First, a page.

Macau casinos posted gaming revenue dropping nearly 90% in February after a two-week suspension of operations due to coronavirus was ordered by local authorities.
On Sunday Macau’s Gaming Inspection and Coordination Bureau (DICJ) released figures which showed local casinos had generated revenue of just MOP3.1b (US$ 386.6 m) in February, down 87.8 percent from the same period last year, the largest monthly decline ever. Gaming revenue is down nearly half to MOP24.9b for the first two months of 2020.
China’s special administration ordered its casinos to shut their doors for 15 days starting February 4, as the COVID-19 outbreak continued to spread out in Hebei province from its ground zero. China limited the number of individual visit schemes (IVS) and tour groups to Macau, while Macau’s government mulled to shut down its borders entirely to reduce its future COVID-19 exposure.
After that shutdown period ended, Macau casinos began staggered reopenings and the DICJ said Friday that only two casinos–Casino Taipa at the Regency Art Hotel and Casino Macau Jockey Club at the Macau Roosevelt Hotel–were yet to reopen.
Operators were permitted to open only if they agreed to follow certain restrictions aimed at preventing further spread of the virus, including holding empty seats between players at gaming tables and electronic gaming machines, not allowing’ standing’ bets and requiring all guests and staff to wear face masks until 22 March.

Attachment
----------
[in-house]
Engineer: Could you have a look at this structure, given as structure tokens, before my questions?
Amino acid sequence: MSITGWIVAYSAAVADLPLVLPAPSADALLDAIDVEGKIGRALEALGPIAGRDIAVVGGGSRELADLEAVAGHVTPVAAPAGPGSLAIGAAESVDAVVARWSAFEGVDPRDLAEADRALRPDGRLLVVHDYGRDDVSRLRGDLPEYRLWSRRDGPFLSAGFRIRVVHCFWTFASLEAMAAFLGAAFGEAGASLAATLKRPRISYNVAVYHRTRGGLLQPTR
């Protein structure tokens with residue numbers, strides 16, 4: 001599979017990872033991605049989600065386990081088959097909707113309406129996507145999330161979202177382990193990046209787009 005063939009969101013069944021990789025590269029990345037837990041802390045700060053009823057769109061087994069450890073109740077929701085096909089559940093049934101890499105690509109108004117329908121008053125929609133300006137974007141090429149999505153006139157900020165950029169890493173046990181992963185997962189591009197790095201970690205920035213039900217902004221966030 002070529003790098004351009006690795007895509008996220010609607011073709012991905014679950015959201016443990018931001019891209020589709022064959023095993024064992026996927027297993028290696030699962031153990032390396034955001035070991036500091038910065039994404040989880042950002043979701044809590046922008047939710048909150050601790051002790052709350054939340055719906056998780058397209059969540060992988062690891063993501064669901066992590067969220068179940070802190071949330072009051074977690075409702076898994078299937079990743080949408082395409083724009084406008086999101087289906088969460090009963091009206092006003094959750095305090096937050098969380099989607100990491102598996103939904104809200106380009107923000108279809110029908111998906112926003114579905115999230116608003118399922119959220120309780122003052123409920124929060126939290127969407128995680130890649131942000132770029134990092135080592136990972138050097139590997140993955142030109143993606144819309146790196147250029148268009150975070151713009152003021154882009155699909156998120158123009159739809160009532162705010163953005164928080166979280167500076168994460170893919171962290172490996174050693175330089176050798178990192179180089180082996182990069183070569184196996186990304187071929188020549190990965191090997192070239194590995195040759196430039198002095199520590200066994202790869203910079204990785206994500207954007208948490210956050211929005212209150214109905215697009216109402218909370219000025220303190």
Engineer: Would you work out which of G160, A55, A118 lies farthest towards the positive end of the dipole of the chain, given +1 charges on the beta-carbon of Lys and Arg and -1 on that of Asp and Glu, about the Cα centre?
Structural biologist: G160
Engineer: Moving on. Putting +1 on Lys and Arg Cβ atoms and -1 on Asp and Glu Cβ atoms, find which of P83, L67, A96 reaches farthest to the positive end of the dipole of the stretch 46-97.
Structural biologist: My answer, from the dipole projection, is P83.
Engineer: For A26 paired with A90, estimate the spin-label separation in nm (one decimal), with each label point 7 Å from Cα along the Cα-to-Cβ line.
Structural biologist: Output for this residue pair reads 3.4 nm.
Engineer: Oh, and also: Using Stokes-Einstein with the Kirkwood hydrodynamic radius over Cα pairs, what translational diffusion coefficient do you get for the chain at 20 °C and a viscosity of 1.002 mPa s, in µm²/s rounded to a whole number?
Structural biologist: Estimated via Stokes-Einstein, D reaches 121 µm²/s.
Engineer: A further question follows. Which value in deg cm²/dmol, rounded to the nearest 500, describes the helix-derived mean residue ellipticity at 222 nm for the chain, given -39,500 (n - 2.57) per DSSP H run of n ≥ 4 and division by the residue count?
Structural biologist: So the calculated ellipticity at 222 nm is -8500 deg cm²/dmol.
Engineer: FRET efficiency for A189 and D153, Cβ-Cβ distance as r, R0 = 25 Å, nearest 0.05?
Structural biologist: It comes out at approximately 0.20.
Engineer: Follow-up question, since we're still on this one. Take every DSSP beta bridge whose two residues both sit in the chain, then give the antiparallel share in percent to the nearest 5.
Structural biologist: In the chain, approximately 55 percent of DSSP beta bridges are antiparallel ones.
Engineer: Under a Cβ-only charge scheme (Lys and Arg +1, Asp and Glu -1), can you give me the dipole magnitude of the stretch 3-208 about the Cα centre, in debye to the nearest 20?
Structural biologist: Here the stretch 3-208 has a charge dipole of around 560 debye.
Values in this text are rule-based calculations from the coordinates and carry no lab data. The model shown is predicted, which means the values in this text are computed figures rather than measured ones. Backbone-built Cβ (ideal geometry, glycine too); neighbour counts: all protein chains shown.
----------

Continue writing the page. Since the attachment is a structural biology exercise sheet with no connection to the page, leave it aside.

Revenue in Macau during January fell 11.3 percent year-on-year after China’s travel restrictions began to take effect in the month’s final 10 days. During the last two months, the chaos has deprived casinos of their annual Lunar New Year holiday windfall.
Casino operators took a major financial hit from the closure in February, with many operators reporting daily expenses of $2.5 m-$ 3 m, mostly from paying staff costs. With the COVID-19 crisis far from over and other Asia-Pacific countries affected by the virus restricting the ability of their own people to fly, anybody’s guess remains about the long-term effects on the operators ‘ bottom lines.